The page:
The Strange Case of the Yin/Yang Flower Girls

Posted: June 6, 2011 in Uncategorized
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What’s the first thing you think of when you hear the words Yin and Yang? Probably you imagine the unity symbol of dark and light intertwining mirror opposing parts. Or you may think of the roots of the concept in ancient Chinese metaphysics. It exists in Confucianism. And Taoists draw upon it as it is found one time in the Tao Te Ching of Lao Tzu. The basic concept is that opposites need one another, and exist because of each other. Only when both sides of an opposition are recognized, when pairs become twins, can the whole be known: Day and night, cool and warm, male and female, even and odd, north and south …

But when I think of the Yin and Yang I now think of flower girls at a wedding. Let me explain.

It was the typical wedding. The guests had arrived and taken their places. The long preparations were finally at their end and the actual event was commencing. The groomsmen stood in a line in front, like so many penguins. The bridesmaids strolled somewhat awkwardly down the aisle. One almost fell off her shoes. And then, preceding the Bride, the flower girls made their entrance. There were two. I will name them Yin and Yang.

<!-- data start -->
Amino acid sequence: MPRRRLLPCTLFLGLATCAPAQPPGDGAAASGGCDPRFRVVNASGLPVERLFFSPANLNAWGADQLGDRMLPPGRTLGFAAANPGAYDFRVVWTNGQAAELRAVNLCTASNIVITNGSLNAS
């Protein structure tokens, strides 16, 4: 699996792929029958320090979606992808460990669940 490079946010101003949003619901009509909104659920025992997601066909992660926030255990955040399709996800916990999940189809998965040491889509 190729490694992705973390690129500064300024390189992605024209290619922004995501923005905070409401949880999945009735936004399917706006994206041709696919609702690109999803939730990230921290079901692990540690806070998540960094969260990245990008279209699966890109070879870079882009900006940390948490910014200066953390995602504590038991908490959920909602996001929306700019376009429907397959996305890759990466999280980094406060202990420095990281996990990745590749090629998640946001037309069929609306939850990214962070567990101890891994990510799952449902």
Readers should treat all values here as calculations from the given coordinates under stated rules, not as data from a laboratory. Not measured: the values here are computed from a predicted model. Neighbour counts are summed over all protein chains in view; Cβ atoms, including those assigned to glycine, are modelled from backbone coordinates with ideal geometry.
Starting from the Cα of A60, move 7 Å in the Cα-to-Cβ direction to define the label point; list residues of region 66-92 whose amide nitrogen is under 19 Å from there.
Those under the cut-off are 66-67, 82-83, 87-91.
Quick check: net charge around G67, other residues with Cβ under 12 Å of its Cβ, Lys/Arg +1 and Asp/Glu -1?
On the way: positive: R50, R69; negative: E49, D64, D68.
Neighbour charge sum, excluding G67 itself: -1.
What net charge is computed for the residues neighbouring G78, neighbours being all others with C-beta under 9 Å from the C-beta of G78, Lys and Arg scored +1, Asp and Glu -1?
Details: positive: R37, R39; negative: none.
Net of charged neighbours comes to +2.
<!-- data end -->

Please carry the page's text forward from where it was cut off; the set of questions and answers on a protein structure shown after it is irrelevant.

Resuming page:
Yin was maybe six years old and understood her role well. She was preparing the way of the bride and as she walked up the long, carpeted avenue she scattered rose petals left and right. Yin had a regal air about her, as one carrying a treasure up to the palace.

Yang was younger, perhaps four, and she followed behind Yin. She, too, sensed the importance of the moment, how the whole assemblage was counting on her to do her part. But somewhere along the way the very young Yang had not quite understood the flower girl memo. Because as Yang walked up the aisle,  she dutifully retrieved each and every rose petal left behind by Yin, filling her basket.

On the way to their destination Yin and Yang had both scattered and gathered, arriving with one basket empty and the other full. Together they comprised two sides of the same flower girl, each having offered what the other lacked.

Once upon a time Jesus said something about the first shall be last and the last shall be first. He was always talking paradoxes. And of course, the first and last need one another to be what they are.

In my mind they will be casting and gathering forever, Yin and Yang will. Maybe they always have been.

Comments
  1. Menina says:

    Such a delightful take on this unity idea.

  2. Barbara says:

    When Barrett was 4 and Leslie was 3, they served as flower girls for the bride for whom Leslie was named. As Leslie proceded up the aisle behind the bride, she dutifully dropped her rose petals very carefully on the bride’s train, and then proceded to step very carefully on each one. The bride laughed all the way down the aisle! as she felt a tug on her train each step!!

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